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Last week I mentioned some of the inherent upward biases in the earth’s more recent surface temperature record. Measuring a “global” air temperature at the surface is an enormously complex task, requiring the aggregation of measurements taken using different methods and instruments (land stations, buoys, water buckets, ship water intakes, different kinds of thermometers) at points that are unevenly distributed across latitudes, longitudes, altitudes, and environments (sea, forest, mountain, and urban). Those measurements must be extrapolated to surrounding areas that are usually large and environmentally diverse. The task is made all the more difficult by the changing representation of measurements taken at these points, and changes in the environments at those points over time (e.g., urbanization). The spatial distribution of reports may change systematically and unsystematically with the time of day (especially onboard ships at sea).

The precision with which anything can be measured depends on the instrument used. Beyond that, there is often natural variation in the thing being measured. Some thermometers are better than others, and the quality of these instruments has varied tremendously over the roughly 165-year history of recorded land temperatures. The temperature itself at any location is subject to variation as the air shifts, but temperature readings are like snapshots taken at points in time, and may not be representative of areas nearby. In fact, the number of land weather stations used in constructing global temperatures has declined drastically since the 1970s, which implies an increasing error in approximating temperatures within each expanding area of coverage.

The point is that a statistical range of variation exists around each temperature measurement, and there is additional error introduced by vagaries of the aggregation process. David Henderson and Charles Hooper discuss the handling of temperature measurement errors in aggregation and in discussions of climate change. The upward trend in the “global” surface temperature between 1856 and 2004 was about 0.8° C, but a 95% confidence interval around that change is ±0.98° C. (I believe that is probably small given the sketchiness of the early records.) In other words, from a statistical perspective, one cannot reject the hypothesis that the global surface temperature was unchanged for the full period.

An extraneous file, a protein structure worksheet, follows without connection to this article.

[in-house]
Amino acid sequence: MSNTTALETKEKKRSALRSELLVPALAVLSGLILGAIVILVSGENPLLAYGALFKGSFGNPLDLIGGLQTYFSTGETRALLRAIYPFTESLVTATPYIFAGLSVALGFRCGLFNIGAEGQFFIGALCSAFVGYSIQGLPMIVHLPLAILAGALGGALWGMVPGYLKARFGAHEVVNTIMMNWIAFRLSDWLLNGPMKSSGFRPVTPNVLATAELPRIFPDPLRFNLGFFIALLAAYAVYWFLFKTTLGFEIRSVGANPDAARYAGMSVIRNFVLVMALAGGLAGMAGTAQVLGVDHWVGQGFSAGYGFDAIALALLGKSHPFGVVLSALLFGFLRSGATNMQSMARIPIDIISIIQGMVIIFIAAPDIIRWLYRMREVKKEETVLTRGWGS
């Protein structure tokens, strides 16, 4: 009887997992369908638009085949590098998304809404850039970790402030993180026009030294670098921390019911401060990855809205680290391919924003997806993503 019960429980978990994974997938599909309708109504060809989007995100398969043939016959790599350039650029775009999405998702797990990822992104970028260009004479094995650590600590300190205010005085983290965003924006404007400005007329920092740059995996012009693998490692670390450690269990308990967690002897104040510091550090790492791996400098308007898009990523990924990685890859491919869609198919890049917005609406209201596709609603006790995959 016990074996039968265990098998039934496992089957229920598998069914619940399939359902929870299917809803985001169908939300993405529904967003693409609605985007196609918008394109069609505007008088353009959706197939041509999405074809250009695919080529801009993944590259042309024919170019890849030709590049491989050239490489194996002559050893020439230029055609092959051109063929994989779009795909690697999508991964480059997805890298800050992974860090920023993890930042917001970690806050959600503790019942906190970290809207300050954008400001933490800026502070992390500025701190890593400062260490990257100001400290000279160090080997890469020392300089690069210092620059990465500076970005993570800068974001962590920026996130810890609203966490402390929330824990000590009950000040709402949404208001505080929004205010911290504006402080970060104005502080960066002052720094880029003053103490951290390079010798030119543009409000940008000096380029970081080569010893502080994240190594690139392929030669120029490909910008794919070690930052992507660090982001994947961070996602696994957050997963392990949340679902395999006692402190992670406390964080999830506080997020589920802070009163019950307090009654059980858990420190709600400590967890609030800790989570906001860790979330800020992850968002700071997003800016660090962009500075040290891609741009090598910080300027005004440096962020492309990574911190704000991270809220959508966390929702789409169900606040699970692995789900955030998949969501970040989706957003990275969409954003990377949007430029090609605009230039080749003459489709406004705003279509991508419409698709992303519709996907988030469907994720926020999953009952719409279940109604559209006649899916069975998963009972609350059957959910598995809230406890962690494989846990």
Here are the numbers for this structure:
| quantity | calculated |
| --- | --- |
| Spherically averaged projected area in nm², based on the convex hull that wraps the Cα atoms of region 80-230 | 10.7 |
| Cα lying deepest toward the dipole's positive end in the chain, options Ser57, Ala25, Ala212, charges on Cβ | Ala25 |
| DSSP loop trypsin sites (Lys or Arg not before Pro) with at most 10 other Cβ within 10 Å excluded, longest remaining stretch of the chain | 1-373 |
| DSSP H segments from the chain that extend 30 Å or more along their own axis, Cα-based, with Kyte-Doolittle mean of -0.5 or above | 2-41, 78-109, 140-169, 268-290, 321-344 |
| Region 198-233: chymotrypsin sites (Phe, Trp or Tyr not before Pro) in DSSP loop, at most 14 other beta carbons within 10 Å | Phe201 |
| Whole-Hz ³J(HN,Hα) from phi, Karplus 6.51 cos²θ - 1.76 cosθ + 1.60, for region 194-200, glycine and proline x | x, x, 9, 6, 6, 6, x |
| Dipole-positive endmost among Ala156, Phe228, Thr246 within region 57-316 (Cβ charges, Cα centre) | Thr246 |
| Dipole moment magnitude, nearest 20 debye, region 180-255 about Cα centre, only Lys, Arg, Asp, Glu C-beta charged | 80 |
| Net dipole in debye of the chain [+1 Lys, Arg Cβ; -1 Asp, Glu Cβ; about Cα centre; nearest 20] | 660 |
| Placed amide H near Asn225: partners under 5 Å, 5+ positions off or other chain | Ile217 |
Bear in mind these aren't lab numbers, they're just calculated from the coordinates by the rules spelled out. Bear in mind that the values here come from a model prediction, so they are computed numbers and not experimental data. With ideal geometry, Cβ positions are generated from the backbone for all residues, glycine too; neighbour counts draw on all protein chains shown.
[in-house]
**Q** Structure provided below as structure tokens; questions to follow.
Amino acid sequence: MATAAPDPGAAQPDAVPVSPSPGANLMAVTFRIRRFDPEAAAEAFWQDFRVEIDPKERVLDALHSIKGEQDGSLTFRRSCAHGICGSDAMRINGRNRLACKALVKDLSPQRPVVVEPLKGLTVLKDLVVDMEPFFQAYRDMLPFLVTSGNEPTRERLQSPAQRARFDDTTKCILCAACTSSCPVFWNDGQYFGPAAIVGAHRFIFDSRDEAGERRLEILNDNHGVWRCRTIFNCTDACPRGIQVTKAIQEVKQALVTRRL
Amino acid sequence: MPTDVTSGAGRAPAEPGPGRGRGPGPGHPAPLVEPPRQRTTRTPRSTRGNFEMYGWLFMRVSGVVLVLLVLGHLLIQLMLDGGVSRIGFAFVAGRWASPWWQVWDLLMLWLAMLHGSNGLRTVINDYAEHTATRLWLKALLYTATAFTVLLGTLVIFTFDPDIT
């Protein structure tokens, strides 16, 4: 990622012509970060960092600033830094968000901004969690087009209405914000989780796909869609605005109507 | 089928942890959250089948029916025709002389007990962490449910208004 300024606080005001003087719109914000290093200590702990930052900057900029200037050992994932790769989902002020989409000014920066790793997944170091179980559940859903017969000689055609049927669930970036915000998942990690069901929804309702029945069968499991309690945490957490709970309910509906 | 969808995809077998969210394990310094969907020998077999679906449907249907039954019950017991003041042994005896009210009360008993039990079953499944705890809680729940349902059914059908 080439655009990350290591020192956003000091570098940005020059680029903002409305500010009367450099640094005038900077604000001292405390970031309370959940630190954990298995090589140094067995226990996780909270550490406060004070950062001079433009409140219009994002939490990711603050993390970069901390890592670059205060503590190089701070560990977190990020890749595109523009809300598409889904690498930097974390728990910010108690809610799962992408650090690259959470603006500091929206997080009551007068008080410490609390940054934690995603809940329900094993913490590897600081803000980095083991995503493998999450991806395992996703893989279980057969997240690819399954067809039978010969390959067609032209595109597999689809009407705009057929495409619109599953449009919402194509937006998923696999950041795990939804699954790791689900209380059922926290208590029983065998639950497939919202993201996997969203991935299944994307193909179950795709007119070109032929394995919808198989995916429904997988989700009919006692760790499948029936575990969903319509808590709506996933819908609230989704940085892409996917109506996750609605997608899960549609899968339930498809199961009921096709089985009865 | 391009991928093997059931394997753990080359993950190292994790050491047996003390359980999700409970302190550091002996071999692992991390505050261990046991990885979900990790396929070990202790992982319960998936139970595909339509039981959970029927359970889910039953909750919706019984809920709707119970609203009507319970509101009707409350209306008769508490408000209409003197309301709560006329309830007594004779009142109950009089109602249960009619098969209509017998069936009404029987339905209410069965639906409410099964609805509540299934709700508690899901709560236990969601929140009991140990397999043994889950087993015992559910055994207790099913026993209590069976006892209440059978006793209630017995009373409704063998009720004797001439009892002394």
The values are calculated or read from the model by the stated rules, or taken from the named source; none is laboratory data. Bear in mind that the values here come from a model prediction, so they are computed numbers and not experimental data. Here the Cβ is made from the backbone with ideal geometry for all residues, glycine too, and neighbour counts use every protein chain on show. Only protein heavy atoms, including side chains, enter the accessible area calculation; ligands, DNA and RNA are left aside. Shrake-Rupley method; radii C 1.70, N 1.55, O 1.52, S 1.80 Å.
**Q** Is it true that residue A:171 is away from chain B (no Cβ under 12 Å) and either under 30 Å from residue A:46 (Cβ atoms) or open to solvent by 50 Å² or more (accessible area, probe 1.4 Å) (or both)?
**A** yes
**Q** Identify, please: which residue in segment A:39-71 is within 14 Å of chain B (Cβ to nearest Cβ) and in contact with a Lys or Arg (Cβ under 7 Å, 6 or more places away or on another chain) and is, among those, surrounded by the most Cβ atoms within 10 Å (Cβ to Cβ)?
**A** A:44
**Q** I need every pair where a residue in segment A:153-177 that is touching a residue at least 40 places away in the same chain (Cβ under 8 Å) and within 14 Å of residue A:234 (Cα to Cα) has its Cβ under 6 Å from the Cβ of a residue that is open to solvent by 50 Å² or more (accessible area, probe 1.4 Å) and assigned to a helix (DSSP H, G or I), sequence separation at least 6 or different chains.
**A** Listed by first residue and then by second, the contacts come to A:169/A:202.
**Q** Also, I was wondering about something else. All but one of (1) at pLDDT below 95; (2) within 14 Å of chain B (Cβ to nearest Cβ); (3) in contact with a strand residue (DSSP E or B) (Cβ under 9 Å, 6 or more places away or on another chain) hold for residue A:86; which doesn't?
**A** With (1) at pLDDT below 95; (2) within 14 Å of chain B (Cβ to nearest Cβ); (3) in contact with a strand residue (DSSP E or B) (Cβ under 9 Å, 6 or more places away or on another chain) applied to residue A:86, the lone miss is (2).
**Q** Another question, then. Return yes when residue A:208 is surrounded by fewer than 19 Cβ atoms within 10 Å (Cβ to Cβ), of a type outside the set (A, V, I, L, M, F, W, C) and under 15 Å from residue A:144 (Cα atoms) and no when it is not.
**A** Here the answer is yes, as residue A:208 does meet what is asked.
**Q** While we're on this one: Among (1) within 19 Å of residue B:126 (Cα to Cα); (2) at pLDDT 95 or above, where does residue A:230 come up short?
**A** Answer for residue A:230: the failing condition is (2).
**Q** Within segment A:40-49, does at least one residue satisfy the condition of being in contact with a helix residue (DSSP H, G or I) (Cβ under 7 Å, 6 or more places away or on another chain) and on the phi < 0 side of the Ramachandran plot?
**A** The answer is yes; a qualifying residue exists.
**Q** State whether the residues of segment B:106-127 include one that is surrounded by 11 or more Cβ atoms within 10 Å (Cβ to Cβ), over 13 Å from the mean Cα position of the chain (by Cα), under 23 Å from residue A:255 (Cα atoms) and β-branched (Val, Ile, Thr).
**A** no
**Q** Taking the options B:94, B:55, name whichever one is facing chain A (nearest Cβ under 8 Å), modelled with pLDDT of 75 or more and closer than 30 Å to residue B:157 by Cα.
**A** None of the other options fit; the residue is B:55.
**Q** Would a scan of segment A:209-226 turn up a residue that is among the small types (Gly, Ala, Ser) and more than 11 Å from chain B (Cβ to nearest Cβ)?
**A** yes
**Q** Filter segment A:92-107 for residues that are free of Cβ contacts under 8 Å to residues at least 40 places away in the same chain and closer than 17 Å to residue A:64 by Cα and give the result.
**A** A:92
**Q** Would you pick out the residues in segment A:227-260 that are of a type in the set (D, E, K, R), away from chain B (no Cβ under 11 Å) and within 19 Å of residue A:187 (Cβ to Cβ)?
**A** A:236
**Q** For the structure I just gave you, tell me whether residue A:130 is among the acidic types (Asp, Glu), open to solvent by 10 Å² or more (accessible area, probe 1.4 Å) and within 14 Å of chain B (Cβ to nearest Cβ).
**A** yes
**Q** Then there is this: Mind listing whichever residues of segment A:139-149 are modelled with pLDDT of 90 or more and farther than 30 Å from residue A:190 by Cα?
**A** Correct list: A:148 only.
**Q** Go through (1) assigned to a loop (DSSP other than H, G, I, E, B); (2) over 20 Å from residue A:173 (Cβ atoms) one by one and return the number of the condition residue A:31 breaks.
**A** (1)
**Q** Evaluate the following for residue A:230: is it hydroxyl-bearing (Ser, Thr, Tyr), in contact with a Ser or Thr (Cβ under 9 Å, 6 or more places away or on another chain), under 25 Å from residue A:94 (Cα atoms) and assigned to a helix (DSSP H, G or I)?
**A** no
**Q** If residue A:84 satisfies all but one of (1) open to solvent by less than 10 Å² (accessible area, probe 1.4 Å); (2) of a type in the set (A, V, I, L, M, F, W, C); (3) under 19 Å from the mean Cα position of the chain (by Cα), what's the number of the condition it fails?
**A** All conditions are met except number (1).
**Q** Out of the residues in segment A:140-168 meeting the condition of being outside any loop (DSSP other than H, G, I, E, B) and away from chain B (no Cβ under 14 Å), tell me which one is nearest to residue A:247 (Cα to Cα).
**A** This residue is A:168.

Henderson and Hooper make some other salient points related to the negligible energy impulse from carbon forcings relative to the massive impact of variations in solar energy and the uncertainty around the behavior of cloud formation. It’s little wonder that climate models relying on a carbon-forcing impact have erred so widely and consistently.

In addition to reinforcing the difficulty of measuring surface temperatures and modeling the climate, the implication of the Henderson and Hooper article is that policy should not be guided by measurements and models subject to so much uncertainty and such minor impulses or “signals”. The sheer cost of abating carbon emissions is huge, though some alternative means of doing so are better than others. Costs increase as the degree of abatement increases (or replacement of low-carbon alternatives), and I suspect that the incremental benefit decreases. Strict limits on carbon emissions reduce economic output. On a broad scale, that would impose a sacrifice of economic development and incomes in the non-industrialized world, not to mention low-income minorities in the developed world. One well-known estimate by William Nordhaus involved a 90% reduction in world carbon emissions by 2050. He calculated a total long-run cost of between $17 trillion and $22 trillion. Annually, the cost was about 3.5% of world GDP. The climate model Nordhaus used suggested that the reduction in global temperatures would be between 1.3º and 1.6º C, but in view of the foregoing, that range is highly speculative and likely to be an extreme exaggeration. And note the small width of the “confidence interval”. That range is not at all a confidence interval in the usual sense; it is a “stab” at the uncertainty in a forecast of something many years hence.  Nordhaus could not possibly have considered all sources of uncertainty in arriving at that range of temperature change, least of all the errors in measuring global temperature to begin with.

Climate change activists would do well to spend their Earth Day educating themselves about the facts of surface temperature measurement. Their usual prescription is to extract resources and coercively deny future economic gains in exchange for steps that might or might not solve a problem they insist is severe. The realities are that the “global temperature” is itself subject to great uncertainty, and its long-term trend over the historical record cannot be distinguished statistically from zero. In terms of impacting the climate, natural forces are much more powerful than carbon forcings. And the models on which activists depend are so rudimentary, and so error prone and biased historically, that taking your money to solve the problem implied by their forecasts is utter foolishness.